The government's vehicle for promoting U.S. export sales survived a challenge from conservatives Tuesday with a Senate vote to renew the charter of the Export-Import Bank for three years. The vote, coming after the Senate rejected amendments to weaken or kill the bank, sends the measure to President Barack Obama for his signature.

The bill, which passed the House last week, also raises the independent federal agency's lending cap from the current $100 billion to $140 billion. The vote was 78-20.

The bank, which has been renewed several dozen times with little notice since it was established in 1934, became caught this year between business groups that strongly support it and conservative organizations, such as Club for Growth, that said the bank is market-distorting and should be abolished. Obama has pushed for its renewal, saying it is key to his job-promoting goal of doubling exports over a five-year period.

A side issue has been the split between supporters of Boeing Co., the Ex-Im Bank's largest beneficiary, and Delta Air Lines, which has claimed that its bottom line has been hurt because its foreign competitors, such as Air India, have used Ex-Im financing to buy Boeing's newest aircraft.

Without congressional action, the bank's charter would have expired at the end of this month. It is also close to going over its lending cap.

The vote, said the bank's chairman and president Fred Hochberg, most importantly "gives our exporters a clear signal that we are there for them and that they will have a reliable Ex-Im Bank."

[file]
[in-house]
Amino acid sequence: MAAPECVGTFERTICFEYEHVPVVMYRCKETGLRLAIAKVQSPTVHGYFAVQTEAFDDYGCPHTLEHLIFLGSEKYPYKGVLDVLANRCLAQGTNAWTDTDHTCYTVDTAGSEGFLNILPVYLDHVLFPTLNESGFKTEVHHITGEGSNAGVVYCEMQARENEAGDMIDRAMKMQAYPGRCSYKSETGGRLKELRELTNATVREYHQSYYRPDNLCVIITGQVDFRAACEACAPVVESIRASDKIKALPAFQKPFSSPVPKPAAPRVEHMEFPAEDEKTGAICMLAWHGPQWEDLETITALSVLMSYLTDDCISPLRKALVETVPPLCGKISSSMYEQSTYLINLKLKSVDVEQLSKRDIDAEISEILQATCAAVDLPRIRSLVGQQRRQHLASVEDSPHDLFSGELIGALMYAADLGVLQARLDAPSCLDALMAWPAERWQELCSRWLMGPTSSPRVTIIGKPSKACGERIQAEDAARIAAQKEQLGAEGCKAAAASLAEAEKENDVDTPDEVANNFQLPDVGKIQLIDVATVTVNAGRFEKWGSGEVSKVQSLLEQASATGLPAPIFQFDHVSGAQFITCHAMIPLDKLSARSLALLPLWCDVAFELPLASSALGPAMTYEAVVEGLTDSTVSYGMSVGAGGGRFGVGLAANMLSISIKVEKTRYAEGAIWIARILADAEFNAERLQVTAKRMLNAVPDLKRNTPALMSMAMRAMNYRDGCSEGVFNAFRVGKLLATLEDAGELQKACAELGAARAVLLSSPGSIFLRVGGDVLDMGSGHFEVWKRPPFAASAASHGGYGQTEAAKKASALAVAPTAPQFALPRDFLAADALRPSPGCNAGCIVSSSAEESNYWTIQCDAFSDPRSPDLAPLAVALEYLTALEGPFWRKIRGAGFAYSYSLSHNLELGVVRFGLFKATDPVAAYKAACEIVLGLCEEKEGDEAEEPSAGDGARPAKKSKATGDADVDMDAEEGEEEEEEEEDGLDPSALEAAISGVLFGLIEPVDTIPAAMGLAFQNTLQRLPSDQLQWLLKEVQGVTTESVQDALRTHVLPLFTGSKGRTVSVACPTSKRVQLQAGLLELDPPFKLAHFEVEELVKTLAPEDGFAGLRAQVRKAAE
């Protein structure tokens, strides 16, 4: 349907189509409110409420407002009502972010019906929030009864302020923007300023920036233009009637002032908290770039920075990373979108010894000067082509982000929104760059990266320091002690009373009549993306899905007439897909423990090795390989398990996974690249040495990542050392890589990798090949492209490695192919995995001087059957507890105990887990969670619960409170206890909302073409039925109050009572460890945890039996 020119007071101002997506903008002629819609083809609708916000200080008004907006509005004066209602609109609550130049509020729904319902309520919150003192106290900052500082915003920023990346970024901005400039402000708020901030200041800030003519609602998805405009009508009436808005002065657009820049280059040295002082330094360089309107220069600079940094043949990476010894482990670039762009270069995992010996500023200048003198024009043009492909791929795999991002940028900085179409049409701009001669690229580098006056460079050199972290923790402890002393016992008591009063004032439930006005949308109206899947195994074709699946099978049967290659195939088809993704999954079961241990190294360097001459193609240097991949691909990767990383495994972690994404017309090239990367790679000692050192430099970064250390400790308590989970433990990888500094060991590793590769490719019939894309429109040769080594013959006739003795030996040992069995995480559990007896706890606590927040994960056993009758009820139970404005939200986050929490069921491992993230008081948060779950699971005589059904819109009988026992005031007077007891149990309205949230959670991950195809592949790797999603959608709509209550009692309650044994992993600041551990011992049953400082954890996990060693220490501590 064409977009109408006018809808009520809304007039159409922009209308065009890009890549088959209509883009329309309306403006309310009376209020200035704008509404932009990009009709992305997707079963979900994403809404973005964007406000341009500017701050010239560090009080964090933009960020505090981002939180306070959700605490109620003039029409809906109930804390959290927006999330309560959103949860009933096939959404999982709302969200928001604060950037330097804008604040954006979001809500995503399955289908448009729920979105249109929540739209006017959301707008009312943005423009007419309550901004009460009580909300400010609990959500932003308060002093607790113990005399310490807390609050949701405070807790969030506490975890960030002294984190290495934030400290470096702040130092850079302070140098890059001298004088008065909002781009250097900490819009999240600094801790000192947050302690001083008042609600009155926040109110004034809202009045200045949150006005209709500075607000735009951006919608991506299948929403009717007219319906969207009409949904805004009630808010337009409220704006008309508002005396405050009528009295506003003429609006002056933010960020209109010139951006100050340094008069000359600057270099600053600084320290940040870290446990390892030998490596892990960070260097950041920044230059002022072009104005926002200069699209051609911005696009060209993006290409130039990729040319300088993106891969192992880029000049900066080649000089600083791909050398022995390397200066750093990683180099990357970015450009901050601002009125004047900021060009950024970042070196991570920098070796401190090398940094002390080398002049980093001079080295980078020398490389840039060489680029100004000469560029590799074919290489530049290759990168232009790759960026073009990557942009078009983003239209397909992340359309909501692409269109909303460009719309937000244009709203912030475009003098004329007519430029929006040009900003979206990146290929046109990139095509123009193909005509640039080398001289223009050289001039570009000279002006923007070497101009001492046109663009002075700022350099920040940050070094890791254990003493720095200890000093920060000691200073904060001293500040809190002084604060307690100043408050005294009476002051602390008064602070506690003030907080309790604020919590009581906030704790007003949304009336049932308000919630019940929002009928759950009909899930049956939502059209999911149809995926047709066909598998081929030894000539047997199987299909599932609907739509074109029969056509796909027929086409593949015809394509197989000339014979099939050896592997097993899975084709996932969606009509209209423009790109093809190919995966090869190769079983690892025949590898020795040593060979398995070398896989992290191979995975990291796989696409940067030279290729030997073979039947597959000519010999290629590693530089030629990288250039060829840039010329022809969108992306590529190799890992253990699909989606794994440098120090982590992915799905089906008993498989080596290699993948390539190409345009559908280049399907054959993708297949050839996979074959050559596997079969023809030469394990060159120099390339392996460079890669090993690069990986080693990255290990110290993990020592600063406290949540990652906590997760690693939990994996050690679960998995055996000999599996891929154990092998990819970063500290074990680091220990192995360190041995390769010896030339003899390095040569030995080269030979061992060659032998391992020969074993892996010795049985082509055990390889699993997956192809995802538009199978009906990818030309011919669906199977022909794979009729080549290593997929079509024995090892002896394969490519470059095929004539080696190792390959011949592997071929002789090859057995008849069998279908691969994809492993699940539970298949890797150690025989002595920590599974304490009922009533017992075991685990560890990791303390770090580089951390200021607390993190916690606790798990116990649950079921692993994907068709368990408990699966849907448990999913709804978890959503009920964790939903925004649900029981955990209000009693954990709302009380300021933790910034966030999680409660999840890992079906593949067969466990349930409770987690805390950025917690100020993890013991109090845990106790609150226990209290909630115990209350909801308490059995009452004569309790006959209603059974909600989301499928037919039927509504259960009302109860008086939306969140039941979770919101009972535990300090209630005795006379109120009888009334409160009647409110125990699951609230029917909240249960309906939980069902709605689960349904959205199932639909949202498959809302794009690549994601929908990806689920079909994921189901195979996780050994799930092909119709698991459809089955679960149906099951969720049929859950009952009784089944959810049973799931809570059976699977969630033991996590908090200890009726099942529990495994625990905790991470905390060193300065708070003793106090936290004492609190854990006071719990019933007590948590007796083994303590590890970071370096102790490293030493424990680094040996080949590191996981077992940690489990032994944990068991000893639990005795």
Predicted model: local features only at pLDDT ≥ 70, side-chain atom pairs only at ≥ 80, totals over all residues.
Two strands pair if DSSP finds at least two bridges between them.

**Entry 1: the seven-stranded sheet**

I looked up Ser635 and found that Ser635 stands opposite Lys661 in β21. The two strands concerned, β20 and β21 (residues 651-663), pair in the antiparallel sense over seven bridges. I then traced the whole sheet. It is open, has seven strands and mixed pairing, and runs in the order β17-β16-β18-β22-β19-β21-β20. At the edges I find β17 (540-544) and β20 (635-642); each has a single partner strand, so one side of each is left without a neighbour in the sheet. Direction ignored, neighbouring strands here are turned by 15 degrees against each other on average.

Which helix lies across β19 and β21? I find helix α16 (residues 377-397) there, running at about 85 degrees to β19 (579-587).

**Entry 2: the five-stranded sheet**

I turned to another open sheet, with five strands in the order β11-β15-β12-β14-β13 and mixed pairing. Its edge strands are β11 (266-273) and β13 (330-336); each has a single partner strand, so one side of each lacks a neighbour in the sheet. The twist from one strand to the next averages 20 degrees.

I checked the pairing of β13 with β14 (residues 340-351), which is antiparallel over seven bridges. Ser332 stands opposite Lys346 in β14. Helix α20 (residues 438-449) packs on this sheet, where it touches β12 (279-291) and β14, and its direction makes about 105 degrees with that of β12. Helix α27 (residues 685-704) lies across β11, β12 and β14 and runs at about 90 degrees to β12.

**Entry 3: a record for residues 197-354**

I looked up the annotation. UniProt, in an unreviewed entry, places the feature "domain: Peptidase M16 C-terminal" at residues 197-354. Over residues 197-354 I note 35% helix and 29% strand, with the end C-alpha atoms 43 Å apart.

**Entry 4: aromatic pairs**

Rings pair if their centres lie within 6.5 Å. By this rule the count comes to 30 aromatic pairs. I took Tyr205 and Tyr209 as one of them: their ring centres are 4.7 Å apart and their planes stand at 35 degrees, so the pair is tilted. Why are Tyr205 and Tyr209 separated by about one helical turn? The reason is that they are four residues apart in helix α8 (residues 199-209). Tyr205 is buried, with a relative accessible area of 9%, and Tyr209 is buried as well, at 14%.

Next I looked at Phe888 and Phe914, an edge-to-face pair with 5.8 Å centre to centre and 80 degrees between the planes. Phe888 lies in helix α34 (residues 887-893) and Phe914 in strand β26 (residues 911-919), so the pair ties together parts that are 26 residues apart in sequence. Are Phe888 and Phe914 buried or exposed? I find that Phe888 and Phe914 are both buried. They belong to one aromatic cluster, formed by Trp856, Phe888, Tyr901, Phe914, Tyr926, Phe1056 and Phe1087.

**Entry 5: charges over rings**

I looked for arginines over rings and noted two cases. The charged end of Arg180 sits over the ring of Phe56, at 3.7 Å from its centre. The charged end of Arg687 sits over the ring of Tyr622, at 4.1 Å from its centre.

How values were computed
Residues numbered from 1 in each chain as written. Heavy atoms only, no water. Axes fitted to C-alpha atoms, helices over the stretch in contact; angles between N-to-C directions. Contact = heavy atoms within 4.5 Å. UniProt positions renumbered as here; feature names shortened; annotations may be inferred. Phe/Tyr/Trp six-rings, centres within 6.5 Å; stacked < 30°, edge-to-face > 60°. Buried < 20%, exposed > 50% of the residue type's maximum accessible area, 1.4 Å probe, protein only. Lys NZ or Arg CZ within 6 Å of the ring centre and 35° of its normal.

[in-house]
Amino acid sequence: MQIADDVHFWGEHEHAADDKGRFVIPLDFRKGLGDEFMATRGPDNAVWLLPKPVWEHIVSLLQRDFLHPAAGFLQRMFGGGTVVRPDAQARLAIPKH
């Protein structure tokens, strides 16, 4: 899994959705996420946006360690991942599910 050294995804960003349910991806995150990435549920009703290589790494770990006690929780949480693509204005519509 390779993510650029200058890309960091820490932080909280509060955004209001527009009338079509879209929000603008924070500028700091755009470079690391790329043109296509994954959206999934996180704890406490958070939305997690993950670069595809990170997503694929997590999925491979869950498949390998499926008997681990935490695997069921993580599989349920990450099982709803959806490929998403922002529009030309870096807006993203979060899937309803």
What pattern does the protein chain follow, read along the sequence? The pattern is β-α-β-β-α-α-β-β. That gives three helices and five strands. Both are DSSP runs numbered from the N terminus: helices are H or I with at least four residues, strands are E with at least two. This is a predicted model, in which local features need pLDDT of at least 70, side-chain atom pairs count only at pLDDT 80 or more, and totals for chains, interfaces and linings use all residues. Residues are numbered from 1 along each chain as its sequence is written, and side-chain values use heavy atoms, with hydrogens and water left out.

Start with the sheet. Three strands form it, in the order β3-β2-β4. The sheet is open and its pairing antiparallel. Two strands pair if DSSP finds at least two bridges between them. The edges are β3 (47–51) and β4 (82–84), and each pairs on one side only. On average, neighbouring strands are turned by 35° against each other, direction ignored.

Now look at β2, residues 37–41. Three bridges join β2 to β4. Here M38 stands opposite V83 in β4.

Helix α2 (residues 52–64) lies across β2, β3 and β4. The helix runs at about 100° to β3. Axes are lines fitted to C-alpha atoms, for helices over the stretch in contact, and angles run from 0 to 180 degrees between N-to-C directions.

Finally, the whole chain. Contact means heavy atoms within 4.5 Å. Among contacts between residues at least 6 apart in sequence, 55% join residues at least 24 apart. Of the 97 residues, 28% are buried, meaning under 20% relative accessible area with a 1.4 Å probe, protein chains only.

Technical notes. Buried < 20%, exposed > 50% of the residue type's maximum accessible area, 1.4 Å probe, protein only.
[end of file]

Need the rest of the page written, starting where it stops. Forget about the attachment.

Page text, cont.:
The bank, which takes no money from taxpayers, last year provided export-financing support for about 2 percent of U.S. exports, about $32 billion in loans, loan guarantees and credit financing. Some $11 billion of that supported Boeing sales of large commercial aircrafts.

Countering critics who say it is "Boeing's bank," the bank says that 87 percent of its transactions last year directly benefited small businesses and that its financing supported 290,000 jobs, including 85,000 in the aerospace industry.

"Failure to reauthorize the Ex-Im would amount to unilateral disarmament and cost tens of thousands of American jobs," the U.S. Chamber of Commerce said in a letter to senators, noting that last year Chinese export credit agencies provided almost 10 times more financial backing than the Ex-Im Bank did.

"This bank is one of the most powerful tools that we have for manufacturing jobs in America," said Democratic Sen. Maria Cantwell of Washington, home to many Boeing facilities.

But conservatives argued that the government should stay out of the marketplace. "We're in a bidding war with China and Europe to see who can subsidize the most loans at a time when all of us are broke," said Sen. Jim DeMint, R-S.C. "We need to bring this to a close."

Among the amendments defeated before the Senate passed the bill was one by Sen. Mike Lee, R-Utah, that would have terminated the bank after a year.

Earlier this month House Majority Leader Eric Cantor, R-Va., and Democratic whip Steny Hoyer of Maryland reached a compromise that answered some conservative concerns. In addition to renewing the bank for three years, it requires greater transparency in the bank's dealings, a Republican priority, requires the bank to keep its default rate under 2 percent and directs the bank to make clear that loans are needed for such reasons as assuming risks the private sector won't undertake or meeting competition from foreign export credit agencies.

The compromise also addresses the Boeing-Delta dispute by directing the treasury secretary to initiate multilateral negotiations on reducing and eventually eliminating government export subsidies for aircraft and ultimately ending all government export subsidies.

It passed the House last week on a 330-93 vote, with all no votes coming from Republicans.